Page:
Not quite twice his age, but on the composition faculty at Stanford, is Mark Applebaum.  While not really young and fluffy, he does have big hair, and colorful homemade gear!
Um, is that a toilet float?
Here he is bowing the Mousketier.

Oh yes and a loop station.

Mason performed three "interludes" on his laptop and controller gizmo throughout the program.  His "White Lies for Lomax" was a tender, intriguing piece for solo piano beautifully executed by Keisuke Nakagoshi.  Keisuke and I were both Composition majors at the San Francisco Conservatory of Music (SFCM) at the same time.  He now works there as an accompanist.  He is a gifted, brilliant pianist.

Mark Applebaum's "Theme in Search of Variations II" for violin, clarinet, cello, piano, and percussion began in a conventional "new music" style.  Applebaum was a protégé in San Diego of "new complexity" composer Brian Ferneyhough, who subsequently brought him to Stanford. (Check out this photo of the pair from Applebaum's website!)  Pleasantly, this piece redeemed itself, ending twinkly and celestial.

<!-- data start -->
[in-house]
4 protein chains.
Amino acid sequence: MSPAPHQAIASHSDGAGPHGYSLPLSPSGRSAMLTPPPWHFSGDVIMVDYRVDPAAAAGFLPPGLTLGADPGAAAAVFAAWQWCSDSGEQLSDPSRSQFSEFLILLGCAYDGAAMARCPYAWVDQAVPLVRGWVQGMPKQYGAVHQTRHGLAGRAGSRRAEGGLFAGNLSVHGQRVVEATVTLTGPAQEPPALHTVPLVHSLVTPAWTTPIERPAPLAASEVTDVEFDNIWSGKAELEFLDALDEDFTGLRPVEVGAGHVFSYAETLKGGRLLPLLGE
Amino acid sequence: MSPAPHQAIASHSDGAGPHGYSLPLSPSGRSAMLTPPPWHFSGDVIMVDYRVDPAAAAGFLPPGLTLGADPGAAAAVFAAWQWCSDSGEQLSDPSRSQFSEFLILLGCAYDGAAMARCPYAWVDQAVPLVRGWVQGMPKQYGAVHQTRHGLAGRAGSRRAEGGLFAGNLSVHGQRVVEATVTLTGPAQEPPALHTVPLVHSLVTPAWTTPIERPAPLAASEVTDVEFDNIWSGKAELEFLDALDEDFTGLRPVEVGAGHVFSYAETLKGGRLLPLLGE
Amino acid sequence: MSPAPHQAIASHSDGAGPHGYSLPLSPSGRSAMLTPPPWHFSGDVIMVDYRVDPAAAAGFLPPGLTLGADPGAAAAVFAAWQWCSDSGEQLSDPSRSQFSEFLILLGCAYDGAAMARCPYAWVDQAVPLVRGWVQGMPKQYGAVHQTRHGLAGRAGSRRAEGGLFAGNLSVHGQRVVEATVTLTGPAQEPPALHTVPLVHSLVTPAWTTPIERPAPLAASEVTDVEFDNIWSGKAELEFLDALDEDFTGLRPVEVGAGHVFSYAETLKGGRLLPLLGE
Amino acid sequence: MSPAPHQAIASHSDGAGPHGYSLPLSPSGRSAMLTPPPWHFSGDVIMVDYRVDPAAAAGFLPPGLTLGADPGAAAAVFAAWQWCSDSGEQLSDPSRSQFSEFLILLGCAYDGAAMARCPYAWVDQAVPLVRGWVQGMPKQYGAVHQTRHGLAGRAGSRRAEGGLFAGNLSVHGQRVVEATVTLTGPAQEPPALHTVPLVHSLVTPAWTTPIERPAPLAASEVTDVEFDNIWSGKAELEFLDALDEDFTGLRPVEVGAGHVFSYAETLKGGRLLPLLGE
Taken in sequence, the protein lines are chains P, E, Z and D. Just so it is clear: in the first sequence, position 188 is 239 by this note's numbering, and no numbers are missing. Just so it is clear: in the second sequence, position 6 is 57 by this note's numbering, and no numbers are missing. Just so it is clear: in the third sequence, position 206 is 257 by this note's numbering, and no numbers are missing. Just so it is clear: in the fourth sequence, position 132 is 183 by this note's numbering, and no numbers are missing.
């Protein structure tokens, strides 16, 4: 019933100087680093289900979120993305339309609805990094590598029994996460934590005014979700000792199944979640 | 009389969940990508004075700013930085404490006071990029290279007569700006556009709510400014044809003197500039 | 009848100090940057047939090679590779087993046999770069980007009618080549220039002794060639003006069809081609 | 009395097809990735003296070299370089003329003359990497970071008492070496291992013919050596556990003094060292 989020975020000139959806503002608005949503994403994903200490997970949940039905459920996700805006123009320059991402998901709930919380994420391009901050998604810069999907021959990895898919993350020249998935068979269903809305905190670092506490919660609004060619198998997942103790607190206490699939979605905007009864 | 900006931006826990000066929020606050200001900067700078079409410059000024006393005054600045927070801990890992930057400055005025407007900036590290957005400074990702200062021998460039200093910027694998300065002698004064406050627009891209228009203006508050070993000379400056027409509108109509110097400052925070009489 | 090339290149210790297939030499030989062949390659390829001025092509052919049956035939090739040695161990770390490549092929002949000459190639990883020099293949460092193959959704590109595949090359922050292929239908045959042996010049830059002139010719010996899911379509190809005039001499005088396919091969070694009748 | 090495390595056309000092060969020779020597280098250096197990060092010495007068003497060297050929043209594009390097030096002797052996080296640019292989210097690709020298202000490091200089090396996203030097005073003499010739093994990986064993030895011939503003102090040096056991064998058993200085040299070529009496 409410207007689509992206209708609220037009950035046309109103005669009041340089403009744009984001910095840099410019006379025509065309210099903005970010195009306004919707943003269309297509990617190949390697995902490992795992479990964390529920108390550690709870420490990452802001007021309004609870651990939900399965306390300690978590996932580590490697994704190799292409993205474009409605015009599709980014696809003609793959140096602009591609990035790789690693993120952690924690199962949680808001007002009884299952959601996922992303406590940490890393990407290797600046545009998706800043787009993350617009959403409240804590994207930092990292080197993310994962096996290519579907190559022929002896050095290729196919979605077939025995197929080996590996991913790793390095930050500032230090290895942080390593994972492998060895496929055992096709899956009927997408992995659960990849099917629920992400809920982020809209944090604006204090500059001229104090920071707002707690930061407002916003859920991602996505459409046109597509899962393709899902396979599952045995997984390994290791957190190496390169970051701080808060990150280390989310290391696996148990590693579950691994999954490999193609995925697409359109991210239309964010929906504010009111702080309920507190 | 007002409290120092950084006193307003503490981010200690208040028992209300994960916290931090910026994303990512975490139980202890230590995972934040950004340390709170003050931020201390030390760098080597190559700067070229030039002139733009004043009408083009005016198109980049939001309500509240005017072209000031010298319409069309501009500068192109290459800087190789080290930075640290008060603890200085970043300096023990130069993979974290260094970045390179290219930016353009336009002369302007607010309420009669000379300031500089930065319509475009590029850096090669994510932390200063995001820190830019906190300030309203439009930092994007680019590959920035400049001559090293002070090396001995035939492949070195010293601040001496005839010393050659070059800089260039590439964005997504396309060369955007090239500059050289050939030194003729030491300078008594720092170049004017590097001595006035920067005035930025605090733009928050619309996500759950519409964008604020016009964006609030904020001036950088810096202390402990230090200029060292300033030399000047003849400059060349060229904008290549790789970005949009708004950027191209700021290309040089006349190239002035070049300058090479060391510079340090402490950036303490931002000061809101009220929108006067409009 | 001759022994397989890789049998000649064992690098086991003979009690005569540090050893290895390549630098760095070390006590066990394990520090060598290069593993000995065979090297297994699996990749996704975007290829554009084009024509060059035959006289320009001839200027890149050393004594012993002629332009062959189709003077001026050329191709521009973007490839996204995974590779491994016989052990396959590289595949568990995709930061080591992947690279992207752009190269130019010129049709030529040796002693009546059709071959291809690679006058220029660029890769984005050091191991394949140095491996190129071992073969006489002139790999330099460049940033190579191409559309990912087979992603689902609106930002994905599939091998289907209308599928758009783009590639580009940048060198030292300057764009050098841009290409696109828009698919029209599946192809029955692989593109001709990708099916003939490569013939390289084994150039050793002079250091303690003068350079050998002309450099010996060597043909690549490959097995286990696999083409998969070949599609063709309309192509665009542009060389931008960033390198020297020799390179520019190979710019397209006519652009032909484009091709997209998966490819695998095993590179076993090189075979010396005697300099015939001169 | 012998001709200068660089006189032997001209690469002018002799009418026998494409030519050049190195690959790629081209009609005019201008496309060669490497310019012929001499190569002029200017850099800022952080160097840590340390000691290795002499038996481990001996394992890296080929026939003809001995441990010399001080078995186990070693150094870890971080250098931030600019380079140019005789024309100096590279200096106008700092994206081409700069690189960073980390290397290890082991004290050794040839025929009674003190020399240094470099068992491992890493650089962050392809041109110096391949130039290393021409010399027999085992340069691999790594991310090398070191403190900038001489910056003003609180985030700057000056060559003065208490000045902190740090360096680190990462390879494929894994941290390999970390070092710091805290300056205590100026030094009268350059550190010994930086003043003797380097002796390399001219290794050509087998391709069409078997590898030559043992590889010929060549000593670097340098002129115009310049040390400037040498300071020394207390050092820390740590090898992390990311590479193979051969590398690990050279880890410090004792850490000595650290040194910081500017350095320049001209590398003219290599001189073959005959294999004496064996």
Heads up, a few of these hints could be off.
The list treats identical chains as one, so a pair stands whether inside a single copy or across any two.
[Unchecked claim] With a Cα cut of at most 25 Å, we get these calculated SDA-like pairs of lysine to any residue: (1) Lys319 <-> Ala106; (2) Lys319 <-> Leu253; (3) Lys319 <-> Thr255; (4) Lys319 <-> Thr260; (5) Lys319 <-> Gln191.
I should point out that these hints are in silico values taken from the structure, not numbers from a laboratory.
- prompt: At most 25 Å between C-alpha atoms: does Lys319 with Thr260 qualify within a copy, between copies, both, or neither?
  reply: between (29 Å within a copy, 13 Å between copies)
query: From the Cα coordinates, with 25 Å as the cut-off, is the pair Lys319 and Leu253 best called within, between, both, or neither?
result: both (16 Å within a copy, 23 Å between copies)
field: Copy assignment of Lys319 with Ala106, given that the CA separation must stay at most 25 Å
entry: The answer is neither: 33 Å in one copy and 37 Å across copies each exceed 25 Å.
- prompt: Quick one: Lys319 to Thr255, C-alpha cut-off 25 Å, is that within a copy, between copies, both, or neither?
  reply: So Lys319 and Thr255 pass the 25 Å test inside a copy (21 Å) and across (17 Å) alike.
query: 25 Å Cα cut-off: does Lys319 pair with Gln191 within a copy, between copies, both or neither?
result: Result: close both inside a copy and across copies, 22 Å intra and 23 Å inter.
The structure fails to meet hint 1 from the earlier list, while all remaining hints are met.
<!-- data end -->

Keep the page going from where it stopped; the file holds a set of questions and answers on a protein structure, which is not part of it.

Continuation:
Applebaum's "Mousketier Praxis" was an improvisation by the composer/instrument builder on his Mousketier.  Its clever sounds spoke of terminal hippie wanting a light show.  Here multimedia would have been to the benefit of all involved, appropriate, and not merely tacked on.  Mark's Mousketier proved to be its own popular petting zoo after the concert as well.

Mason Bate's "Red River" for violin, clarinet, piano, cello, and electronics (prerecorded) closed the show.  I really liked this piece.  It was captivating and restful and I may have nodded off through part of it but I awoke very slowly and I found it quite transportational and beautiful.

Following the concert was a reception in the grandest manner of SF State, which the composers did not attend, although they were plenty approachable and chatty as they packed up their gear in the concert hall.  The reception afforded something of a little SFCM Class Reunion!  For me, it's great and exciting to see SFCM alumni involved with new music in San Francisco.